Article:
Drummer Jeff Sipe
was a member of Colonel Bruce Hampton's Aquarium Rescue Unit and has played with many other musicians. But probably his most visible association was the power trio with Jonas Hellborg
and Shawn Lane
, followed by a more recent trio with guitarist Alex Machacek
. So he is clearly very comfortable in an improvising rock/jazz guitar trio. He says of the format: "The trio format is still exciting to me," Sipe explains. "It's very transparent. There is nobody there to lean onyou have to play. You've got to be supportive and expressive at the same time. It's a challenge to play in a way that fills out the sound without grandstanding. It demands that melody, rhythm, and harmony all be active." Guitarist Mike Seal
and bassist Taylor Lee have big shoes to fill in this new trio, but they are completely up to the task.
Sipe emphasizes how important melody is to him, and that is borne out by the singing quality of the material, despite being entirely instrumental. While always technically impressive, these tracks all sound like songs
. Many of them clock in at around three minutes long, with the longest track only reaching the six minute mark. Most of the material was written by group members, plus two eclectic cover song choices.
Seal gets the lion's share of the writing credits. His "Trumpets" opens the set, a start-and-stop theme in bop-flavored funk, which also features a brief pyrotechnic guitar solo.Lee has fewer credits, but his tunes are memorable. "Banana Pudding" (co-written with Jaron Bradley) features call and response between the guitar and bass, and a nimble bass solo. "Lightning Man" is not the speedfest implied by the title: perhaps it refers to the shifting time feel. Sipe contributes one track, the closing "Happy Evil Happy," a relentlessly driving piece with some evil-sounding electronic effects.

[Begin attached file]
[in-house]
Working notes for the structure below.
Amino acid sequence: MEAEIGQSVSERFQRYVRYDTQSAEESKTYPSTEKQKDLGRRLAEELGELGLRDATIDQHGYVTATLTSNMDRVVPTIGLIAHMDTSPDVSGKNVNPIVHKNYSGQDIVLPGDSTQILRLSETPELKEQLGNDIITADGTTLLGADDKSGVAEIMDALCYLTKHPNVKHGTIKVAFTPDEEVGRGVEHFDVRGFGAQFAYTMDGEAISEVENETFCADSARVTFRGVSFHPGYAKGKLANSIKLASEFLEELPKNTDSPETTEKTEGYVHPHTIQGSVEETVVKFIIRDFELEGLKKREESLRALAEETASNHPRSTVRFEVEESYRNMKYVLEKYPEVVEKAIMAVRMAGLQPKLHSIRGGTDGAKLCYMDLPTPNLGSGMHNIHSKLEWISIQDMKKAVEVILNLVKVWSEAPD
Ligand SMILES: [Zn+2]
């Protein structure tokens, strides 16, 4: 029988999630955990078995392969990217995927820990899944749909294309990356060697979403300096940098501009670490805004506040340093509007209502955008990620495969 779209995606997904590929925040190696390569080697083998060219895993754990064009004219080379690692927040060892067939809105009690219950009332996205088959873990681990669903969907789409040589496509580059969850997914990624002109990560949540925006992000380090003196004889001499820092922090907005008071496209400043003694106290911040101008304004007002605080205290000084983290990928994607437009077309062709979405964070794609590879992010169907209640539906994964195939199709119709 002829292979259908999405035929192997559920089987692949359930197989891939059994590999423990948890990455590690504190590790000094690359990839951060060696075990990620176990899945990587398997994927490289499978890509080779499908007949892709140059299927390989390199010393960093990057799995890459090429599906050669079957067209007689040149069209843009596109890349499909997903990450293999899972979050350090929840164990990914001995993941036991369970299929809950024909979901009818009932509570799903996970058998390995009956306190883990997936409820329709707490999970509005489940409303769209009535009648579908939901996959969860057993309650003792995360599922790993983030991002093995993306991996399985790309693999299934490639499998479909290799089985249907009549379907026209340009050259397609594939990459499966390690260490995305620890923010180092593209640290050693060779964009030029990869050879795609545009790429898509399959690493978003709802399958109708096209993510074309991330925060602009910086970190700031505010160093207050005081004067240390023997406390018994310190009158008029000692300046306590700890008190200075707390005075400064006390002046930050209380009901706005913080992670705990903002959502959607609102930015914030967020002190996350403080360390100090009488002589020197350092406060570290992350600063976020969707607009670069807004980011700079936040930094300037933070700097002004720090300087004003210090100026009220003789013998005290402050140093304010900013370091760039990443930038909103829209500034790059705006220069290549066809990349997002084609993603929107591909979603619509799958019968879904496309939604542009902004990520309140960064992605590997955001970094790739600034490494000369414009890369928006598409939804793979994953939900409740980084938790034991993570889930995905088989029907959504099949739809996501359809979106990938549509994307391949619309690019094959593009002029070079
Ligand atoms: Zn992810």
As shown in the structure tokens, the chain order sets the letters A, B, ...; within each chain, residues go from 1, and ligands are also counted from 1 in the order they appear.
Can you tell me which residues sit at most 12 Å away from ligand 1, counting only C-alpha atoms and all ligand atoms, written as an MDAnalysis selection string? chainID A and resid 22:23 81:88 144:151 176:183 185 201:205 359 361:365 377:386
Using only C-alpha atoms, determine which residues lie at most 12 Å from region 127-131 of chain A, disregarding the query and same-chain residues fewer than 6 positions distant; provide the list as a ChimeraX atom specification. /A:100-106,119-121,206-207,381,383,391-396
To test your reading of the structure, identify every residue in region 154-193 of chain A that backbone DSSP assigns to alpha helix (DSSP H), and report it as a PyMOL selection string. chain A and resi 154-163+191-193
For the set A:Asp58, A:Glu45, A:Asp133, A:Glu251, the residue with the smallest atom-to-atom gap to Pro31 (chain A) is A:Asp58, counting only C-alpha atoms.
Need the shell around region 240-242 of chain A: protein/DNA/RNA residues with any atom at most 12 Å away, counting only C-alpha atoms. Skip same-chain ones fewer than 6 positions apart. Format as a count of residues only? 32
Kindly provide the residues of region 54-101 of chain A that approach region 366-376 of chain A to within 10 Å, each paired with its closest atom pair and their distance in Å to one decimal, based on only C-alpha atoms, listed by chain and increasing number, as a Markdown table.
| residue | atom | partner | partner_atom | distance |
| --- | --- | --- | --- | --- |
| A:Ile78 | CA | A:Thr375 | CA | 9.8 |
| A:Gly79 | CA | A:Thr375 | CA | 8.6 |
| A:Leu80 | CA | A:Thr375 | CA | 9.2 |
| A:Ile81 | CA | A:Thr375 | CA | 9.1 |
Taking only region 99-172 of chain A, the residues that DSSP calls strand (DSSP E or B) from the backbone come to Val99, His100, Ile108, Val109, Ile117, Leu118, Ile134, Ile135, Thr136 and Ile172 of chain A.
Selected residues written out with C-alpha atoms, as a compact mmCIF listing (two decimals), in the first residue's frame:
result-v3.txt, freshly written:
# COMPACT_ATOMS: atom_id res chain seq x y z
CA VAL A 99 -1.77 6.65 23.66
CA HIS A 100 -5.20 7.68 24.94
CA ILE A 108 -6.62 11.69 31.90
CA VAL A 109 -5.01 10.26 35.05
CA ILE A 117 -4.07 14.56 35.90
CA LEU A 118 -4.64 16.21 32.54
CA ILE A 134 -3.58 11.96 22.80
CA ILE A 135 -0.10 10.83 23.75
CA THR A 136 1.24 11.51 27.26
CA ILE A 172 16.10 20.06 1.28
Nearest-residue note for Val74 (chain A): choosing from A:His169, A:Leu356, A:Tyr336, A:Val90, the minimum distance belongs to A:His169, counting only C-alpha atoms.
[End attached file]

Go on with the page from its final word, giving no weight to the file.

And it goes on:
The first of the surprising covers is John Coltrane
's ballad "Naima," played here at a moderate tempo, over a double-time rhythm section. The tune kind of sneaks up on you, as there's no suggestion of what's coming in the opening. Creative as the arrangement is, I found myself wondering how this group would sound playing with a straight swing feel. I have no doubt they would sound great that way: maybe they go there sometimes during live performances? "Home Town" (another Seal original) precedes the cover of Hank Williams' "I'm So Lonesome I Could Cry" with an appropriate country feel. It's actually played straighter than the famous Williams tune, which begins unaccompanied, joined later by the full rhythm section. It's the sort of Americana that can't help but recall Bill Frisell
A strong debut recording from a group that sounds as if they have been playing together much longer than they have. Their eclectic, contemporary fusion approach fits right in with the rest of the Abstract Logix roster.
Trumpets; Alberta; Banana Pudding; April; Lightning Man; Renee; Naima; Hometown; I'm So Lonesome I Could Cry; Happy Evil Happy.
Jeff Sipe, Drums; Mike Seal, Guitar; Taylor Lee, Bass.